When promoting climate independents one of the main questions from those rusted on to the major parties is where are your preferences are going? And then whether they are eventually directed to the ALP or the LNP, they are immediately attacked by the other side. There are a number of solutions to this problem. The first is not to issue any ‘how to vote cards’ (htvc) at all, but a major implication of this is that the candidate has little support in the electorate. Another is to issue a card asking for the primary vote and then suggesting that voters arrange the order of their own preferences (image) as I did in the 2014 state election, but widespread support of volunteers at the booths is still needed. A third is to issue a split ticket for voters of the two major parties.
The way a candidate allocates preferences depends specifically on their strategy. The aim should be to get as many first preferences from those normally voting for the major parties. Giving preferences to opposition candidates may be self-defeating (except in very safe seats) as it may turn away otherwise sympathetic voters. It is essential that the independent candidate polls well in primaries and must be in the first three candidates, preferably one or two, and if third on the list a very close one. The second aspect of the strategy is that preferences must be very tight and hopefully the candidate is preferenced before the majors. As it appears that coalition seats are the most vulnerable to climate independent in the coming election this means they will need the preferences of the ALP and the Greens.
Having said all that it is surprising how many Australians do not understand the preferential voting system. At the pre-poll booth in Bairnsdale in 2014 a young voter approached the Conservative incumbent and enthusiastically endorsed him. On returning some time later from the polling booth he stated that he had voted for him “but didn’t vote for any of the other bastards though” – a very amusing informal vote. On another occasion, a farmer acquaintance indicated that he had put me second after the incumbent, little realising that, for me, it may as well have been last.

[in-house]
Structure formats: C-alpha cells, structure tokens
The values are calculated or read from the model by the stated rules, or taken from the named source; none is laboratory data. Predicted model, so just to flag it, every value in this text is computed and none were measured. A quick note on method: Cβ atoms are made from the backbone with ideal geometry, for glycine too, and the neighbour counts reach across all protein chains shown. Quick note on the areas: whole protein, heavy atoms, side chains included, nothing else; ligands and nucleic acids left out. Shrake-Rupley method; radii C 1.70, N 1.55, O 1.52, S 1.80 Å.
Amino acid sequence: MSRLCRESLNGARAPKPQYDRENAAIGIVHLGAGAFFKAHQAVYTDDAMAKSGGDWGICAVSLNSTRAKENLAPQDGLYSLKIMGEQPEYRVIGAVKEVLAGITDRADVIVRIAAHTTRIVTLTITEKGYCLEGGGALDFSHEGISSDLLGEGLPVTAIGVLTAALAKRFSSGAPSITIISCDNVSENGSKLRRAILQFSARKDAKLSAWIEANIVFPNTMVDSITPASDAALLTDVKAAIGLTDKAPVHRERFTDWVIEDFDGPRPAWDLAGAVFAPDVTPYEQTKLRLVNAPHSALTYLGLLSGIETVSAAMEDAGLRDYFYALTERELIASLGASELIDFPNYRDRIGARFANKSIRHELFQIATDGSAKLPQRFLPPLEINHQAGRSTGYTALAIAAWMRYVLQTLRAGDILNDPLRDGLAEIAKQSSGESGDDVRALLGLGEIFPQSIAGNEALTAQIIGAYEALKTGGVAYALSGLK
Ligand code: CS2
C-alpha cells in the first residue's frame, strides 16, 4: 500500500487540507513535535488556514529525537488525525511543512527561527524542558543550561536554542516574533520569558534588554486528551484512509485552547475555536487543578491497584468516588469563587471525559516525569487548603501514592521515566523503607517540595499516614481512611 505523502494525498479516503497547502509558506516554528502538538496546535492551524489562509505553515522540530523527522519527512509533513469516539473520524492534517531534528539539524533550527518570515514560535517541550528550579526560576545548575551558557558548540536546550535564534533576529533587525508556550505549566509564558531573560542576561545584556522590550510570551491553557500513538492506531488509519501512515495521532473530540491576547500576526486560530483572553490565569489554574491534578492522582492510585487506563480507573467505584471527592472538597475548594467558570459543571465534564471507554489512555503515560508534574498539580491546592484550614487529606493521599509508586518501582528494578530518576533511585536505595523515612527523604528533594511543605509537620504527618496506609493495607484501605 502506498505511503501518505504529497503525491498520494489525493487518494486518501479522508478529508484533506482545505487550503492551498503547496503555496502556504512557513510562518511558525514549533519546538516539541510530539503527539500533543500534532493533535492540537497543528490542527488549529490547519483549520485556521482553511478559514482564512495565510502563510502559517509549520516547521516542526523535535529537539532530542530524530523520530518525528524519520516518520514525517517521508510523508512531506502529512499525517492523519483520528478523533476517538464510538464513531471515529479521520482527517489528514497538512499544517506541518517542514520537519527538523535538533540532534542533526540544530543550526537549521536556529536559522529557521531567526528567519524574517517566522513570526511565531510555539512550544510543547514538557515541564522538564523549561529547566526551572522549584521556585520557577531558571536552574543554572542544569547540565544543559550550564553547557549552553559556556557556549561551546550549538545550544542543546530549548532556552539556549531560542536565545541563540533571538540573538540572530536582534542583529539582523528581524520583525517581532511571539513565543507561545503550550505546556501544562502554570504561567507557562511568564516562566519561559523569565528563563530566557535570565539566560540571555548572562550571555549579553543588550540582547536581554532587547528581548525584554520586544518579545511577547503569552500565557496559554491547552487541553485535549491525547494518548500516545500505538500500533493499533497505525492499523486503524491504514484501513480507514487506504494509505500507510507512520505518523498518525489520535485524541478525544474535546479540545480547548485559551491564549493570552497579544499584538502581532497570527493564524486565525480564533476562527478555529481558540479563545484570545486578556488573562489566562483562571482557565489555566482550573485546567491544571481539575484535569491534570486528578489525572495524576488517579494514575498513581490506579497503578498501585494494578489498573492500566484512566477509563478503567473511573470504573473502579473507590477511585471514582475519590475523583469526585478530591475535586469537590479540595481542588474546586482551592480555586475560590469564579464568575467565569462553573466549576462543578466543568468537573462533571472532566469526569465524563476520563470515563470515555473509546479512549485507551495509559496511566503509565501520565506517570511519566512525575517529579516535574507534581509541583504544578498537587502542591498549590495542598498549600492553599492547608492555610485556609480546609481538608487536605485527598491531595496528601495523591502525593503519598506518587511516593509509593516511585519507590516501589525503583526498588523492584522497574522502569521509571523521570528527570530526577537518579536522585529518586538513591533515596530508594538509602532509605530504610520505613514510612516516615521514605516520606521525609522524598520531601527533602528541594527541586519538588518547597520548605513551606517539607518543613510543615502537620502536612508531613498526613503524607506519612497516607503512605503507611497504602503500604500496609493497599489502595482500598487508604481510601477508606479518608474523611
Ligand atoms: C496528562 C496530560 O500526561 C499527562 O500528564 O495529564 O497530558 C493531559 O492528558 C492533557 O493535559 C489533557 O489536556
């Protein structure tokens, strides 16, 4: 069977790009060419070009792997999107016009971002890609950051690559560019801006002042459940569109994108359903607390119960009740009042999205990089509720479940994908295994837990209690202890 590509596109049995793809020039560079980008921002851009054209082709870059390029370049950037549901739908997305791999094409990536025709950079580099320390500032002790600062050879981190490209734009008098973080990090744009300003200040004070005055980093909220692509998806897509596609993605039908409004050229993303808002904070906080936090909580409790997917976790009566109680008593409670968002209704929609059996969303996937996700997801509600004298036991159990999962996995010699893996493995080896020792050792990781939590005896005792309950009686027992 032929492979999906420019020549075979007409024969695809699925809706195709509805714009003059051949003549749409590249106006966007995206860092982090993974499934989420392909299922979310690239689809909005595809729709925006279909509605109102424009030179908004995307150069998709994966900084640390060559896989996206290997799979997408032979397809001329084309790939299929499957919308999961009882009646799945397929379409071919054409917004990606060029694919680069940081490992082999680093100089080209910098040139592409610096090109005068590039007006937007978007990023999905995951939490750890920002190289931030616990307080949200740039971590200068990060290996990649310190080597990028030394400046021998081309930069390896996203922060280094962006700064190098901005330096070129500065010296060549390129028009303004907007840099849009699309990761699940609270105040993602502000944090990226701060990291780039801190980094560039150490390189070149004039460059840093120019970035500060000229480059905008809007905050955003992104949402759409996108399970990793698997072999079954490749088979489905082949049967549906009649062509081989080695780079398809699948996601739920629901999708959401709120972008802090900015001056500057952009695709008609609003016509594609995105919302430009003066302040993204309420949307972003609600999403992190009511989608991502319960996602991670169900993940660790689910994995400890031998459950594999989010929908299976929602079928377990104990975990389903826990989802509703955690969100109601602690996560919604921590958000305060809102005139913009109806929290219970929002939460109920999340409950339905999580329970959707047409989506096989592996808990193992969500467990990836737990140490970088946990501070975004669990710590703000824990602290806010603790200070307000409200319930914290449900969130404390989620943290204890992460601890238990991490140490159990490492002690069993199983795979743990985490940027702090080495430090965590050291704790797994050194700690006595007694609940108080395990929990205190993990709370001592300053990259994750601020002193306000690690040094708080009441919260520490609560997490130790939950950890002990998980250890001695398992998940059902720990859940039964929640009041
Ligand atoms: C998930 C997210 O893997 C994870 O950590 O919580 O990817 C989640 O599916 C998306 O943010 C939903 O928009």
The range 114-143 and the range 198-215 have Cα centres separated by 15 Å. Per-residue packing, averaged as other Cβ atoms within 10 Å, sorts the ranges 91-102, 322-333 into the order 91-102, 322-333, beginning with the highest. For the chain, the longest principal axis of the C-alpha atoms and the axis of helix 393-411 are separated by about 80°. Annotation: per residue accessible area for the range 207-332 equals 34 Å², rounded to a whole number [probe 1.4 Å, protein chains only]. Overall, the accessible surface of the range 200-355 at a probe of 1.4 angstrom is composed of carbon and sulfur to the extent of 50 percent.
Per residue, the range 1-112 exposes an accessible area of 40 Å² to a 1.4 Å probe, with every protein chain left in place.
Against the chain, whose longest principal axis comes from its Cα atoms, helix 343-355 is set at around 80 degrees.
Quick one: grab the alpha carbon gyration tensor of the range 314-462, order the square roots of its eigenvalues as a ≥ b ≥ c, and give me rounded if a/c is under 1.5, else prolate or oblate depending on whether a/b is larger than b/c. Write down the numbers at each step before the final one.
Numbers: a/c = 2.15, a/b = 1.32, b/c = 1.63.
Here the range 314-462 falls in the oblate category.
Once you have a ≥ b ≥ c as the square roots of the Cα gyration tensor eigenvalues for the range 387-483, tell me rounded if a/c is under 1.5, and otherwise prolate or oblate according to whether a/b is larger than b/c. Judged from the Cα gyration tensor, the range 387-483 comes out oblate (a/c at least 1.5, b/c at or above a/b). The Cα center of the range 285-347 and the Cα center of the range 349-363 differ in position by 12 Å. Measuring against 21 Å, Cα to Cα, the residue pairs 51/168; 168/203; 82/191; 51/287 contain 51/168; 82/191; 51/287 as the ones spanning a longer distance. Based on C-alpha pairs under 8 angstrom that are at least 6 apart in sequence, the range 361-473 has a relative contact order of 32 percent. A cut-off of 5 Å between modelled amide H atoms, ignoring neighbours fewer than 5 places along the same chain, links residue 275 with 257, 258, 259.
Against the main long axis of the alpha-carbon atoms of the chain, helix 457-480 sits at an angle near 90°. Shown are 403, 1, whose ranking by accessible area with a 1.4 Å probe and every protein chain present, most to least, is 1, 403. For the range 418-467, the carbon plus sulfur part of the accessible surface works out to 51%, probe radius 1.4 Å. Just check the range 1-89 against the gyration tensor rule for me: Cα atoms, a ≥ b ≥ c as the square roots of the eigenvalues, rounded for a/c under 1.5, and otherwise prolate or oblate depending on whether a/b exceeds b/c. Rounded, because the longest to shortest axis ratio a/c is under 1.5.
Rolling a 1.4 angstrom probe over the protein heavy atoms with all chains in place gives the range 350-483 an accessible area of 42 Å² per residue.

Ruth McGowan in Get Elected noted that “Love it or hate it, you need to get a handle on preferencing if you want to get elected” and “Preferencing deals are an important campaign tactic which can make or break your chance of getting elected. Ultimately, if you have a high number of first preference votes, backed by a preference flow in your favour of second and third votes you can get over the line…”
A htvc indicates to the elector that you are a serious candidate and are worth considering for their first preference. In a recent blog on competing Indies in the electorate of Hughes I suggested that one of the candidates should drop out before the election but, if not, it is essential that they swap preferences. As someone recently pointed out on twitter the htvcs don’t decide how you vote – you do.